Parenting Time and Visitation
New Jersey Family Law and Divorce Lawyers
Issues surrounding children are some of the most important and emotionally challenging aspects of divorce or separation. With so much at stake, these issues have the potential to become highly contentious, thereby increasing the stress and anxiety for parents and children. At Lyons & Associates, P.C., our New Jersey family law and divorce lawyers strive to minimize the emotional impact of divorce on children by focusing on their needs. We take the time to get to know our clients as we work together to draft a parenting plan that is specifically tailored to each family’s unique needs and circumstances.
Types of Custody
In New Jersey, two distinct aspects define child custody: legal custody and physical custody. Legal custody refers to each parent’s authority to make important decisions for the child, such as where the child will attend school, involvement in religious activities, and major medical decisions. Most parents are granted joint legal custody. In this situation, the parent with whom the child resides usually makes the decisions for the majority of the child’s day-to-day activities, but consults with the other parent for important decisions. Sole legal custody is typically only granted if one parent is unavailable or determined by the court to be unfit.
Physical custody, also called residential custody, is defined as either sole physical custody or shared physical custody. The parent who has more time with the child is designated as the parent of primary residence. In a sole custody arrangement, the child spends most of their time with one parent and less than two nights per week with the other parent, with some exceptions for vacations and holidays.
In a shared custody arrangement, the child spends more than half of their time with one parent and more than two nights per week with the other. Shared custody agreements tend to be more complicated than sole custody arrangements because the amount of time that the child spends with each parent can affect child support awards as well as the child’s legal residence for school. Due to this, shared custody agreements should always be prepared by an experienced New Jersey family law and divorce lawyer.
Parenting Time Schedules
New Jersey courts recognize the important role parents play in the lives of their children. Accordingly, the term “parenting time“, which emphasizes the quality, not just the quantity, is generally used in favor of the generic “visitation.” Under most circumstances, children fare better emotionally and developmentally when they have a positive and balanced relationship with both of their parents. Exceptions to this include situations where there has been a history of child abuse or neglect, domestic violence, or substance abuse.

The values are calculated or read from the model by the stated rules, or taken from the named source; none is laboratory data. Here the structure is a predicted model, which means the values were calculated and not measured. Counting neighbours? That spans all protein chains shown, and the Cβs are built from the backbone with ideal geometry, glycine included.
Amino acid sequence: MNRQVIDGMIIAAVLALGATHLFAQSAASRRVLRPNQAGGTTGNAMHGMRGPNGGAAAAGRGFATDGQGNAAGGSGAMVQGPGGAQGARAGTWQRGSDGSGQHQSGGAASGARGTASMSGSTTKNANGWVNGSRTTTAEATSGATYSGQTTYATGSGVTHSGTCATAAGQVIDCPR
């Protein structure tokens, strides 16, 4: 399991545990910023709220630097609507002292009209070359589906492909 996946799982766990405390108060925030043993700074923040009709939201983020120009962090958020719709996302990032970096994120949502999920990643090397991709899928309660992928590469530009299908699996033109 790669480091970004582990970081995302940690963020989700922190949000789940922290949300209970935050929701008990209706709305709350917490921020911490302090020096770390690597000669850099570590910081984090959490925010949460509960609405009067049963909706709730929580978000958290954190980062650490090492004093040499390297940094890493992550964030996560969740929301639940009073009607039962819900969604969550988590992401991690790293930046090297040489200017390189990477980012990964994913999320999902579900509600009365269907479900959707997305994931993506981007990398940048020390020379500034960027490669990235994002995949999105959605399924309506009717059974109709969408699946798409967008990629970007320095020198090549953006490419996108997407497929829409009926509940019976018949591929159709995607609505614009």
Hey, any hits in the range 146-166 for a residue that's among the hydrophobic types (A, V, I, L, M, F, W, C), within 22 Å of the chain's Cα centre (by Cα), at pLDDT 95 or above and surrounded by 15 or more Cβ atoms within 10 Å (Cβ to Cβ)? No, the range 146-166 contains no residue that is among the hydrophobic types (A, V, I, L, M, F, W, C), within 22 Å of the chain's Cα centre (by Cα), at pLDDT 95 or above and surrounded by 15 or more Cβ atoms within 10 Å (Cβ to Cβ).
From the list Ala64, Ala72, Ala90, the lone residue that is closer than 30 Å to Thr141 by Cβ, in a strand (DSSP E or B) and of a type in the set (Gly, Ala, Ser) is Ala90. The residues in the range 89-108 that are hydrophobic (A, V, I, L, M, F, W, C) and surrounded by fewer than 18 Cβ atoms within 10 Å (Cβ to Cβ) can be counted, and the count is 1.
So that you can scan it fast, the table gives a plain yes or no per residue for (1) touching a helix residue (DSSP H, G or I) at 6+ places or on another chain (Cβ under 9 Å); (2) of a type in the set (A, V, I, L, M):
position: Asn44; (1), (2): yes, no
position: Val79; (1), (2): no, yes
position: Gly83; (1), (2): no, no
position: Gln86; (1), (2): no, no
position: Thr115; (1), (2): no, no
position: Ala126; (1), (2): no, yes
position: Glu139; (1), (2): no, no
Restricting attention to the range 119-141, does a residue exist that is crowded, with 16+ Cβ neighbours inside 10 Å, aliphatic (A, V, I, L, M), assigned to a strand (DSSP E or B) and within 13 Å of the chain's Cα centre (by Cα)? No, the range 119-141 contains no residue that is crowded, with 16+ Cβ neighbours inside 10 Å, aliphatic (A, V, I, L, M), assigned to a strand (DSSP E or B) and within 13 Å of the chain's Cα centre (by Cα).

Whenever possible, parents should try to put their own conflicts aside and work together to form an agreement. In situations where parents cannot agree, the courts may intervene to establish a parenting plan that takes into account the best interests of the child. Factors considered include:
- Any special needs of the child.
- Child’s involvement in sports and other extracurricular activities.
- Distance between parents’ residences.
- Each parent’s willingness to include the other parent in the child’s life.
- History of abuse or neglect.
- Parents’ work schedules and ability to travel.
- Stability of each parent’s home environment.
- The child’s relationship with extended family members.
- The history of quality time each parent has spent with the children.
Parenting arrangements should be as detailed as possible, including specific times for pick-up and drop-off. An experienced lawyer can help parents construct a fair and reasonable arrangement with provisions for:
- Access to school and medical records.
- Special occasions.
- Summer vacation.
- Visits with grandparents and other extended family members.
- Winter break and spring break.
Changes to Parenting Agreements
Over time, family circumstances can change, as such, the original parenting time arrangement no longer suits the child’s needs or parents’ abilities. This may be due to a change in parents’ work responsibilities, the child’s activity schedule, failure of one parent to abide by the previous order, or a change of residence. If this is the case, either parent is entitled to request a modification of the parenting time agreement. In some cases, a parent may request a change on behalf of the child who wishes to spend more time with one parent. Because parenting time can affect child support payments, modification requests are usually decided on at the same time.
New Jersey Family Law and Divorce Lawyers at Lyons & Associates, P.C. Help Draft, Review, and Enforce Parenting Plans
New Jersey family law and divorce lawyers at Lyons & Associates understand that every family is unique. Our experienced and compassionate lawyers are committed to serving your child’s best interests while respecting your rights as a parent. For answers to questions about child custody in New Jersey, or for help creating or modifying a parenting agreement, schedule a free consultation by calling 908-575-9777 or submit an online contact form.